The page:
General Clothing Comments
When travelling abroad and trying to conserve space in your luggage,
take clothes that can be used in a variety of situations. For example
I have a skirt that is made from wrinkle-resistant fabric and has
a drawstring waist so it is super comfy! It can pass as a casual
skirt and be worn with a tank top or T-shirt and regular shoes or
sandals, or if worn with a blouse it passes for something you could
wear out in the evening. It doesn't show wrinkles if you roll it
instead of folding it when packing, and comes in a number of colours
which can usually be found at any travel/outdoor type store. One
of the best purchases I ever made.
Adele McGuey, Bracebridge, Canada
Brown became my favorite color while traveling from Indonesia to
London. A brown, cotton, slightly loose short-sleeved blouse, with
baggy, very lightweight brown patterned rayon drawstring pants were
my main ensemble throughout Indonesia, Nepal, Egypt, and Turkey.
These clothes were comfortable in hot weather, kept me well-covered,
and didn't show dirt. Also, avoid all white underthings. Black bras
and panties are the way to go because they don't show the dirt after
lots of in-the-sink washings!
Anita, San Francisco, USA
Being trendy could give you away as a tourist. Low cut tops and
short skirts are a no no in some countries. Do your research and
see what is appropriate apparel for the places you are going to
visit. My advice would be to dress on the conservative side.
Sharon, Rohnert Park, USA
Be sensitive in Europe. Don't be so insensitive as to wear shorts
and tank tops into churches and cathedrals. These buildings are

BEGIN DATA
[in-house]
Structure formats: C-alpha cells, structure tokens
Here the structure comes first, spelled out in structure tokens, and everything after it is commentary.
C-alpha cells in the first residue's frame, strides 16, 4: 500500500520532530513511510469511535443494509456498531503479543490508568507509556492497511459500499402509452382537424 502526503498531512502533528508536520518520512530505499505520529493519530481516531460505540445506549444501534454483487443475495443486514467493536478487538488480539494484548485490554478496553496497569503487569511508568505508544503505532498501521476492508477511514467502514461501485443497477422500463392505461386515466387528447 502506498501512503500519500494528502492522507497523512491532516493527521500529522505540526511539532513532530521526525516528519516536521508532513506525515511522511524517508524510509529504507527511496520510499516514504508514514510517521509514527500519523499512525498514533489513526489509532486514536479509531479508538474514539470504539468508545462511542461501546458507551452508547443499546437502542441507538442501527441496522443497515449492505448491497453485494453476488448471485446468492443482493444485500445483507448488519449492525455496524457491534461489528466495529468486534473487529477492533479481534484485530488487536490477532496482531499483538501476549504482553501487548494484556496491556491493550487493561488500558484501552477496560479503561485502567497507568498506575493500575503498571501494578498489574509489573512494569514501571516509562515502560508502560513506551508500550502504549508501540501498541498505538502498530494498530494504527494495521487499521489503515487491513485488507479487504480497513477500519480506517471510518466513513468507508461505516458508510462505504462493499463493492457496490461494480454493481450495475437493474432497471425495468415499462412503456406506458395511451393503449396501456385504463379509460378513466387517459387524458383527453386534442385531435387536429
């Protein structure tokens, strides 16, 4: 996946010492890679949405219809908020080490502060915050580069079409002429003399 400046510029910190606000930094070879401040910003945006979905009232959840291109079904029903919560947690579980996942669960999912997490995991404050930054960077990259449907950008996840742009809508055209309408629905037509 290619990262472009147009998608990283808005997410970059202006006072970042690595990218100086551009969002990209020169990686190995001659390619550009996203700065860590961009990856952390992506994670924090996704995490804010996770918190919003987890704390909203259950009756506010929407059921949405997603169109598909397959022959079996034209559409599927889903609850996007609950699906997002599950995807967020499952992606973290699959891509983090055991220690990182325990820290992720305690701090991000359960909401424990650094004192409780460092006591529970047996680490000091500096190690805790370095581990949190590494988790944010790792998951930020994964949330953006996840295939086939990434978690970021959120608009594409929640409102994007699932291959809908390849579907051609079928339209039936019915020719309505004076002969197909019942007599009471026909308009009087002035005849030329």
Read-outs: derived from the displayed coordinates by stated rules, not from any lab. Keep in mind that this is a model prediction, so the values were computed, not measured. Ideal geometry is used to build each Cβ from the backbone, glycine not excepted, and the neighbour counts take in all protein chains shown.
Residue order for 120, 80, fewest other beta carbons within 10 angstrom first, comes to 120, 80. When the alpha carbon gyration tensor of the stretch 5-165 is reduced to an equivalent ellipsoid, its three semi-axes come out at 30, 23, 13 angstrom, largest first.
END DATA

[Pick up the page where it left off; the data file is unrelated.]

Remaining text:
in daily use by locals -- try not to offend them.
Jane, Highland, USA
Germany is getting better in the market of plus size clothing!
Don't despair...chic plus size clothing is out there! Especially
the nightgowns..it's always a treat to bring one home from Germany
since they are made with the nicest cotton...as well as undergarments...go
to the local department stores for those...they make beautiful white
cotton underwear in a multitude of sizes!
LouLou, Boston, USA
Large Size Clothing. I lived in Europe for three years. In many
countries, clothes up to size 48 or 50 (European) are available,
but tend to be matronly, and accessories can be hard to find. You're
better off bringing extras of "basic" items such as underwear. Helpful
hint: buy a tape measure in centimeters, measure yourself before
you leave, and bring your dimensions with you. Very useful if you're
in a drugstore trying to buy pantyhose and the size is listed in
Paula, Santa Fe, USA
Black clothing! This helps you to blend into the crowd and suddenly
you aren't the target of the machismo men that seem to prey on American
Maxine, Fort Nelson, Canada
The most useful item I always pack is a long, natural fiber lightweight
broomstick skirt. It is nice and cool in warmer climes, can be very
nice with a pair of nylons and leggings under it in colder areas,
and it doesn't matter if it gets wrinkled, since it's supposed to
be anyway. It keeps you conservative without looking bad or getting
too hot or cold. Also a large scarf is ever essential in Eastern
Europe for entering churches.
Liz, Sonoma, USA
When travelling in hot climates I always try and take a couple
of sarongs with me. They pack down small and can be used for just